Breast Cancer Survival Linked to Expression of 2 Genes

Breast Cancer Survival Linked to Expression of 2 Genes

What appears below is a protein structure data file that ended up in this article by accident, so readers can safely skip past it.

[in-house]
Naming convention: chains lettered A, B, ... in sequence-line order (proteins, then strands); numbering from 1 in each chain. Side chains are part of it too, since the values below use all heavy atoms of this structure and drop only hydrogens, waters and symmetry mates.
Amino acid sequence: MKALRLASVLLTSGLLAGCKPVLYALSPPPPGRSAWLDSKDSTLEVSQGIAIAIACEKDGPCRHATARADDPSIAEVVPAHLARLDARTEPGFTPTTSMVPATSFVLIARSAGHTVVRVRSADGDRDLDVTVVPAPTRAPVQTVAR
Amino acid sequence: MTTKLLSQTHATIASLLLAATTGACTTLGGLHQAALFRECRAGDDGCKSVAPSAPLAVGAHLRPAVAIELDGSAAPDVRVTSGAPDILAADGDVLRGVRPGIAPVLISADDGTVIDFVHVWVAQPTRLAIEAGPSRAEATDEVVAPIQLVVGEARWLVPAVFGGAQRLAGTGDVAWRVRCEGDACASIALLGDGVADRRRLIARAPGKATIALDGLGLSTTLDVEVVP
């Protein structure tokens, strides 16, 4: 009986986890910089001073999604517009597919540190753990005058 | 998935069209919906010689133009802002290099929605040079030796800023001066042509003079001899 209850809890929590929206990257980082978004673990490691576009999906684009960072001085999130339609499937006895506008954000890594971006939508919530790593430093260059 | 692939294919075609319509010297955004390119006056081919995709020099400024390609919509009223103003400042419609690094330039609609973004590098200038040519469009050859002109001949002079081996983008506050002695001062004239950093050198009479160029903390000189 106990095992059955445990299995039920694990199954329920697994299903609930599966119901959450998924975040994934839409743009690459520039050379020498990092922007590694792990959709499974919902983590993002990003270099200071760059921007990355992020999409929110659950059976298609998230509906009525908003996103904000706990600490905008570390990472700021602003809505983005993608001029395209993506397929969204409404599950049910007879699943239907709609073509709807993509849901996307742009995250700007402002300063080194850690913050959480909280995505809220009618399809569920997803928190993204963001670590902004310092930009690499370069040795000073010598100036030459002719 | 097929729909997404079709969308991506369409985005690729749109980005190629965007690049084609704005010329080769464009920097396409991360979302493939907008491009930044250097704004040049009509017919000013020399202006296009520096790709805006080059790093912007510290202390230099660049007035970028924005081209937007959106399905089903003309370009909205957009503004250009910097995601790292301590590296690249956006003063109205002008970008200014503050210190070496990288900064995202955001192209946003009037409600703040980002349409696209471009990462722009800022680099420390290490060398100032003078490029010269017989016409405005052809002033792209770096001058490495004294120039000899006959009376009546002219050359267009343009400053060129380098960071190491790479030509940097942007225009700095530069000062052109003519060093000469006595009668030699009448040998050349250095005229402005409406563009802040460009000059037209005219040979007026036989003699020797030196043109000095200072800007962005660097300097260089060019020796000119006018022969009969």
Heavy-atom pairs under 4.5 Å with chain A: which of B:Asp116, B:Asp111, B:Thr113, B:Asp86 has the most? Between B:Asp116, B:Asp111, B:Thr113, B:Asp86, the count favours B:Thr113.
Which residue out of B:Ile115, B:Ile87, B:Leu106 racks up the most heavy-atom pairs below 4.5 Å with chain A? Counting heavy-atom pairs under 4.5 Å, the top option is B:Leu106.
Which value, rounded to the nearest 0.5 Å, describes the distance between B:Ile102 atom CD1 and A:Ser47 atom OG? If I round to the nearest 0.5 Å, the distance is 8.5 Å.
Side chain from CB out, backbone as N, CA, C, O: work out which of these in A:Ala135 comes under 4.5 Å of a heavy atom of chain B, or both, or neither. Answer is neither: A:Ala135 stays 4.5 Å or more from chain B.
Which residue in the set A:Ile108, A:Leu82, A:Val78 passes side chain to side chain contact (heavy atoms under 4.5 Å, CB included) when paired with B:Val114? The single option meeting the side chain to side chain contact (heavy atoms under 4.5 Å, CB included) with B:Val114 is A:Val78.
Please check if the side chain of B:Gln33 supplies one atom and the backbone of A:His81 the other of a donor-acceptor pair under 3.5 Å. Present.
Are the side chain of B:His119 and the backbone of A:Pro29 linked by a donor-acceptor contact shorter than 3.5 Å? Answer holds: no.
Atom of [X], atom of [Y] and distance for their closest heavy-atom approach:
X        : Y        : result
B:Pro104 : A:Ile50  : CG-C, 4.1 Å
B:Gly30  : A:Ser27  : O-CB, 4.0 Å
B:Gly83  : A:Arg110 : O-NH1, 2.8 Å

Scientists at The Institute of Cancer Research in London have tested the activity of two genes that could predict an increased risk of mortality for women with breast cancers. The study titled “Systematic analysis of tumour cell-extracellular matrix adhesion identifies independent prognostic factors in breast cancer, was published in the journal Oncotarget. Researchers analyzed nearly 2,000 patients whose breast cancer cells were positive for HER2, a protein found in almost 20 percent of breast cancer tumors. They found that women whose breast tumors had a particular pattern of activity in two specific genes were three times more likely to experience very poor prognosis within 10 years compared to others with a different pattern of activity in the same genes. The researchers discovered the negative pattern of gene activity among breast cancer cells that had a specific skill for escaping from the glue that usually holds them in place - known as the extracellular matrix (ECM). The team believes the two genes could play a key role in releasing cells from the ECM so they can more easily spread around the body. Researchers led by Dr Paul Huang, leader of the Protein Networks Team at The Institute of Cancer Research in London, developed an image-based screening test to detect breast cancer cells
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